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Opinion

Cameron broke no rules lobbying for Greensill – because he wrote them

Cameron is in hot water over lobbying, but the rules he wrote while in power mean it won’t get too troubling, writes Tamasin Cave.

It took him a month, but David Cameron has finally admitted it. He is a lobbyist. “There have been various charges levelled against me these past weeks,” he said in a statement on Sunday, “mainly that I made representations to the government on behalf of a company I worked for. I did.”

In fact, he badgered senior government figures and former colleagues for access to a government loan scheme on behalf of a firm, Greensill, that was about to go bust and in which he had a significant financial stake.

But, as he also correctly points out, no rules were broken.

And that is because, as Prime Minister, Cameron blocked attempts to introduce rules governing lobbying, rules that would directly apply to the kind of activities he has been engaged in.

Cameron resisted calls to clamp down on lobbying. Instead, what his government did in 2015 was introduce a sham register of lobbyists.

For years I lobbied Cameron’s government to introduce regulations for lobbyists, as part of a campaign to shine a light on the UK’s £2bn influence industry. Our central ask was for a compulsory lobbying register, such as exist in countries around the world, that would make public who was bending the ear of government. It would require paid lobbyists to declare who they are, which interests they represent, whom they are lobbying and what they are seeking to influence. Ideally, it would also force lobbyists to reveal see how much they are spending on influencing government, which can run to millions of pounds.

Effectively, a register opens the curtains a chink on government decision-making. It allows a bit of light into the room, so that the public can see who is discussing what, the favours being exchanged and deals done. It’s a small step towards greater accountability.

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Needless to say, the professional persuaders in the industry fiercely opposed the idea: lobbying is best done, is most effective when no one is watching. But the real block came from No.10.

Years after making his 2010 speech in which Cameron decried “secret corporate lobbying” as something that “has tainted our politics for too long”, we were told by one official that it was never going to happen. There was no political will in Downing Street to shine a light on lobbying.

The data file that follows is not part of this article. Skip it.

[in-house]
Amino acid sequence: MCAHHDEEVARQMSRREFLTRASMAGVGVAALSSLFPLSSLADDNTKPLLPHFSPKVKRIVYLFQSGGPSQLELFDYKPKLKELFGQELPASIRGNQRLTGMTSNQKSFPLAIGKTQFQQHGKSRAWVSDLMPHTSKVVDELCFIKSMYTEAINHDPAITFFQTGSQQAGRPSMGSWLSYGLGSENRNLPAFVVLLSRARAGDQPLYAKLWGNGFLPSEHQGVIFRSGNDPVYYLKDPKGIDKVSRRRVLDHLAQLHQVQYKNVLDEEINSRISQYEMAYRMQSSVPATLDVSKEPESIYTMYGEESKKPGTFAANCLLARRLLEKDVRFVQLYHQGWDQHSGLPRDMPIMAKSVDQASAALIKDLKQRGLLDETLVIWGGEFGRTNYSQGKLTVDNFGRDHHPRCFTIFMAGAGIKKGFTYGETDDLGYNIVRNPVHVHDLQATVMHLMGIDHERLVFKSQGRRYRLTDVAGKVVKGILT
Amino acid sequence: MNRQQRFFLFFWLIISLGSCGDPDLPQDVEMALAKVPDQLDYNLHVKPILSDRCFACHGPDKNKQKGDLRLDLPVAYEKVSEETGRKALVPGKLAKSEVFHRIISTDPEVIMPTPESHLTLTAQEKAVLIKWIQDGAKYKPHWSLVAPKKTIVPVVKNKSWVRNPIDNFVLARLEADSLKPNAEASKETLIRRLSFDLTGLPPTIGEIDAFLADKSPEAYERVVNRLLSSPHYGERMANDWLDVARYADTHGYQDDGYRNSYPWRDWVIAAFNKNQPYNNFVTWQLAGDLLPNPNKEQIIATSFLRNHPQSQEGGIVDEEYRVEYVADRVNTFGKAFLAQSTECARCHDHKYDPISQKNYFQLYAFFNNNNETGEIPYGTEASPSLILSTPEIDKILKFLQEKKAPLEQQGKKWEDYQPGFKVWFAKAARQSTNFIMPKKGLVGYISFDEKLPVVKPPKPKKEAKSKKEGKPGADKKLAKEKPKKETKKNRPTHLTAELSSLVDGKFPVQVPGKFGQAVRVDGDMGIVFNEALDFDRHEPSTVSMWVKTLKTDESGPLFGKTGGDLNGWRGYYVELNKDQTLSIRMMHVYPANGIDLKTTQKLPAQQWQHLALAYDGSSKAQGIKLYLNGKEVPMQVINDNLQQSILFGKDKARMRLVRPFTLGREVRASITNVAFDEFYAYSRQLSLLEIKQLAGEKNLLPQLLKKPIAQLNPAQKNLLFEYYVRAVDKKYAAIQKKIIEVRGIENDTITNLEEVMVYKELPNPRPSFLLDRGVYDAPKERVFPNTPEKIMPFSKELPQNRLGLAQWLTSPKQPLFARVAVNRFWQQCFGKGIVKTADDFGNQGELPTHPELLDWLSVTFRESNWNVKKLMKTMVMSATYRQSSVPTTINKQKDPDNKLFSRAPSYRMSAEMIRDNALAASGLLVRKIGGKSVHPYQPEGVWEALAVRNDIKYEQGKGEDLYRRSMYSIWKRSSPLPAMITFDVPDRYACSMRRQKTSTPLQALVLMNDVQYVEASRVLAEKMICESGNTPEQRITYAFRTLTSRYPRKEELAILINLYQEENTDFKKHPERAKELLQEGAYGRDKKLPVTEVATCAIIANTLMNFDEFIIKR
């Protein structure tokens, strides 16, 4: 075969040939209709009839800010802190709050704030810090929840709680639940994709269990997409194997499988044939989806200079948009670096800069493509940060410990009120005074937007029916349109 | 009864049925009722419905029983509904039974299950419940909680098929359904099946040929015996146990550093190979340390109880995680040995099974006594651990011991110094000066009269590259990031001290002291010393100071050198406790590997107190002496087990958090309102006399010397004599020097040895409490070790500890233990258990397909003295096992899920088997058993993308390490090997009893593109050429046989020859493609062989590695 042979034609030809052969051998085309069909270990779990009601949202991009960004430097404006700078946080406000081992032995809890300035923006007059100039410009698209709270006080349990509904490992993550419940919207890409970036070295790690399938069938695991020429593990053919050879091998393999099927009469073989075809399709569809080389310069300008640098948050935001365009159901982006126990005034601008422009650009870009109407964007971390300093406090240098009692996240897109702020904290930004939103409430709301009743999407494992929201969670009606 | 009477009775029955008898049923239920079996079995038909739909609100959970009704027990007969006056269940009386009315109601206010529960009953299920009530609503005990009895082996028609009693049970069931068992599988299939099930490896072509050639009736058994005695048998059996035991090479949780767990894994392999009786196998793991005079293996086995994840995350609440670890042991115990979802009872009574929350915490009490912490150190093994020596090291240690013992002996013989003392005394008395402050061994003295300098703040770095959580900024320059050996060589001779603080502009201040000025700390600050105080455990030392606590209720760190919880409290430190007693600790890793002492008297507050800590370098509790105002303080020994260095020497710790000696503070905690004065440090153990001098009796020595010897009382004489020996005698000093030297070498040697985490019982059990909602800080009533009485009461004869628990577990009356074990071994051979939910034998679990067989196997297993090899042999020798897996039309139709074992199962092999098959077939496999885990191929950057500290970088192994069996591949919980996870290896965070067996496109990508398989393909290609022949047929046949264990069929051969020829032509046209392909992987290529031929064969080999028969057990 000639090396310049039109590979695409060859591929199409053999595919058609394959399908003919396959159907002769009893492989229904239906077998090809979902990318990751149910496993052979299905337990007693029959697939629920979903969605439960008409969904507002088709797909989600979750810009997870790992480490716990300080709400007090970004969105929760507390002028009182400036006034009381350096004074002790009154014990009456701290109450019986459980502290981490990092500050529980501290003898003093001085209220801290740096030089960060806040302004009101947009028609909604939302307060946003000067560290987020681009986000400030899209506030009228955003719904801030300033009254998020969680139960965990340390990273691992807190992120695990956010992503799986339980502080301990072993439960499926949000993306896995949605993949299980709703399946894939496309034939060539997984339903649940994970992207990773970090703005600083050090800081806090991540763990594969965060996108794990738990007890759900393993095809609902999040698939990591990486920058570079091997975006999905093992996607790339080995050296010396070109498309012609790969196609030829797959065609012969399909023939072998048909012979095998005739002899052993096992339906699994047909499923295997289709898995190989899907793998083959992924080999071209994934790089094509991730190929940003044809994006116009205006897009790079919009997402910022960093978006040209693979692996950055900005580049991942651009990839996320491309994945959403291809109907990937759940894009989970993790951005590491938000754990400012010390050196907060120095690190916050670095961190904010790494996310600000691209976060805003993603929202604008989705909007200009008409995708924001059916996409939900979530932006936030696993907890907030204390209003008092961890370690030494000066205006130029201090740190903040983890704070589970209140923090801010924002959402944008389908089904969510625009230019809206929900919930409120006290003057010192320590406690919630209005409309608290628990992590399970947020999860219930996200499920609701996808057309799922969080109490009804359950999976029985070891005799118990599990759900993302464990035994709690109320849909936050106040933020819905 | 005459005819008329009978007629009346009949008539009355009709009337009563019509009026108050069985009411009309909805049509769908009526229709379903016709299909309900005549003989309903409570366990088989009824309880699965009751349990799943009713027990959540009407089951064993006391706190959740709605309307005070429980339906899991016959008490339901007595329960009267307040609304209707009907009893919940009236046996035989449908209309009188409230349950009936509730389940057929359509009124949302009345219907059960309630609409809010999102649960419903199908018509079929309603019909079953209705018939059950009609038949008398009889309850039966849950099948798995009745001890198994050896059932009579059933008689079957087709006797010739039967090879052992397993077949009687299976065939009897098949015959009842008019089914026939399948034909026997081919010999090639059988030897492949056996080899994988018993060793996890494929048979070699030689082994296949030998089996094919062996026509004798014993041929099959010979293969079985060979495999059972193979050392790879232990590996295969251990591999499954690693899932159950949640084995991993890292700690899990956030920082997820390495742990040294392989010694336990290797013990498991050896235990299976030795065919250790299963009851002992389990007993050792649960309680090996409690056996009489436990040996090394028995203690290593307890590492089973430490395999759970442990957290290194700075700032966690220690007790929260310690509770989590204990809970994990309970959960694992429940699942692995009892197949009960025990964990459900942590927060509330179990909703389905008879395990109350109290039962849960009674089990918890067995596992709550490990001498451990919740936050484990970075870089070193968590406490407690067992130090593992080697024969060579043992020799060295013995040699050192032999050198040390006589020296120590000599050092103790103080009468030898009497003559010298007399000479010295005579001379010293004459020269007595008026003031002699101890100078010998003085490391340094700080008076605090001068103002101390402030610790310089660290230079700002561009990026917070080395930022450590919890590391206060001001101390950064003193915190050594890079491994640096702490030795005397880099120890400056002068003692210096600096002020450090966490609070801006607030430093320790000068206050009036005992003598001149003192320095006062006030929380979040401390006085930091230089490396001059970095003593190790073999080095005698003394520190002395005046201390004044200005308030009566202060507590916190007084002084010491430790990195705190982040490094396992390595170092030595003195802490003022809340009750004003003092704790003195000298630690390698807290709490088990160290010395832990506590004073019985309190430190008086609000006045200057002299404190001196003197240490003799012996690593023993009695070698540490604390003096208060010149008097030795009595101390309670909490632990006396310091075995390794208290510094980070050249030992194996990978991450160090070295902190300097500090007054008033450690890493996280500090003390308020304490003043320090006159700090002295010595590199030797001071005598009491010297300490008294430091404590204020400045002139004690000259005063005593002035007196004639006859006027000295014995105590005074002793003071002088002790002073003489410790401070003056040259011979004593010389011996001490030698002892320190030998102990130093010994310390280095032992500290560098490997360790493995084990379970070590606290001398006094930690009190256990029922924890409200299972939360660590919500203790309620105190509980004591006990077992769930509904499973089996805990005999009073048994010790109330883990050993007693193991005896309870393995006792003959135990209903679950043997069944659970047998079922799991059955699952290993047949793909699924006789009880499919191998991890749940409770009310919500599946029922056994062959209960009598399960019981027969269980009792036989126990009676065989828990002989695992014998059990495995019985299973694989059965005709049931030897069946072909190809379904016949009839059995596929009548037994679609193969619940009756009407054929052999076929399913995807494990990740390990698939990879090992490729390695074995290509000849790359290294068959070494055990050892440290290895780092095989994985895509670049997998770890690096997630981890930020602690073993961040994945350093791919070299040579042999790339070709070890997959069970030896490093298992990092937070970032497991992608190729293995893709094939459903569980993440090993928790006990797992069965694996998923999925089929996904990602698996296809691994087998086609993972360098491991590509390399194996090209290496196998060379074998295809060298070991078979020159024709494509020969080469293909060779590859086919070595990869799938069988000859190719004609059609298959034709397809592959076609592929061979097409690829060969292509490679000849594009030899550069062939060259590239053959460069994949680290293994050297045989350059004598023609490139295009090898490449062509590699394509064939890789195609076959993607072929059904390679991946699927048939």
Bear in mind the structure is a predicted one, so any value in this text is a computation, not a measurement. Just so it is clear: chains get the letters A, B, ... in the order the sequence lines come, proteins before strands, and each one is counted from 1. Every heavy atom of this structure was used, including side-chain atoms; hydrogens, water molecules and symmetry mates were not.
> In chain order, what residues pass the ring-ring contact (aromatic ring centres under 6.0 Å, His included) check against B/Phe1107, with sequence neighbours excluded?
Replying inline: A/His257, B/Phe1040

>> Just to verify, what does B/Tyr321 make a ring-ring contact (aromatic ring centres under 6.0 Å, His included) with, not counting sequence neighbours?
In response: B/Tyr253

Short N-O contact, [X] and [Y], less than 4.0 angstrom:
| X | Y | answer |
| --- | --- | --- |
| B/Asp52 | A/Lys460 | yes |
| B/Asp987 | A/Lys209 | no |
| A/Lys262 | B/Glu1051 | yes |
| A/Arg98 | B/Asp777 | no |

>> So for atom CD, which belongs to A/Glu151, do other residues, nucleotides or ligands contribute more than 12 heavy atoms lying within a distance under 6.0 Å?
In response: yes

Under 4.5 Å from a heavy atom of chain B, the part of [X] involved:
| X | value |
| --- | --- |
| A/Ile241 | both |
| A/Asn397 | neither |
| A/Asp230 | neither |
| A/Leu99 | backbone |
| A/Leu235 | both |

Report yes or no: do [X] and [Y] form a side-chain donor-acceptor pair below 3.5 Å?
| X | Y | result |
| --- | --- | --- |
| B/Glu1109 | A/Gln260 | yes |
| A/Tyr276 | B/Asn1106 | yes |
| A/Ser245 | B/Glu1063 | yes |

The only thing that would motivate Cameron’s government to act, we were informed, was scandal. Despite there being many of these during his time as Prime Minister – involving ministers, MPs, Lords, the Tories’ election guru, its party treasurer and others – still, Cameron resisted calls to clamp down on lobbying.

Instead, what his government did in 2015 was introduce a sham register of lobbyists. It covers only a tiny fraction of the thousands of lobbyists operating in the UK and then demands that they reveal nothing meaningful about their interactions with government. It was a disingenuous waste of time and an exercise in box ticking, as one MP at the time put it.

Cameron, in other words, pretended to regulate lobbying. The lack of rules was by design.

His refusal to act has now come back to bite him. If we had proper regulations, Cameron would, by law, have been required to make public his lobbying for Greensill Capital. Perhaps it would have caused him to pause before accepting the gig. And while it would have certainly generated headlines, the fallout is likely to have been far less. Part of the stink surrounding lobbying comes from its secrecy.

What seems obvious – even as Cameron now finds himself is in the spotlight – is the political calculation by governments that it is better to weather the storm of these scandals than to open up their everyday, backroom dealings with commercial lobbyists to scrutiny. Far better, they figure, to have a few bad apples than to show the rot. Transparency regulations would reveal too much: the private healthcare companies lobbying for control of the NHS, the polluters defending against action on climate change, the Tory-linked interests seeing the pandemic as an opportunity to cash in.

Don’t expect the recently-announced and limited inquiry into today’s scandal to shine much of a light on that.

Tamasin Cave, co-author of A Quiet Word: lobbying, crony capitalism and broken politics in Britain.

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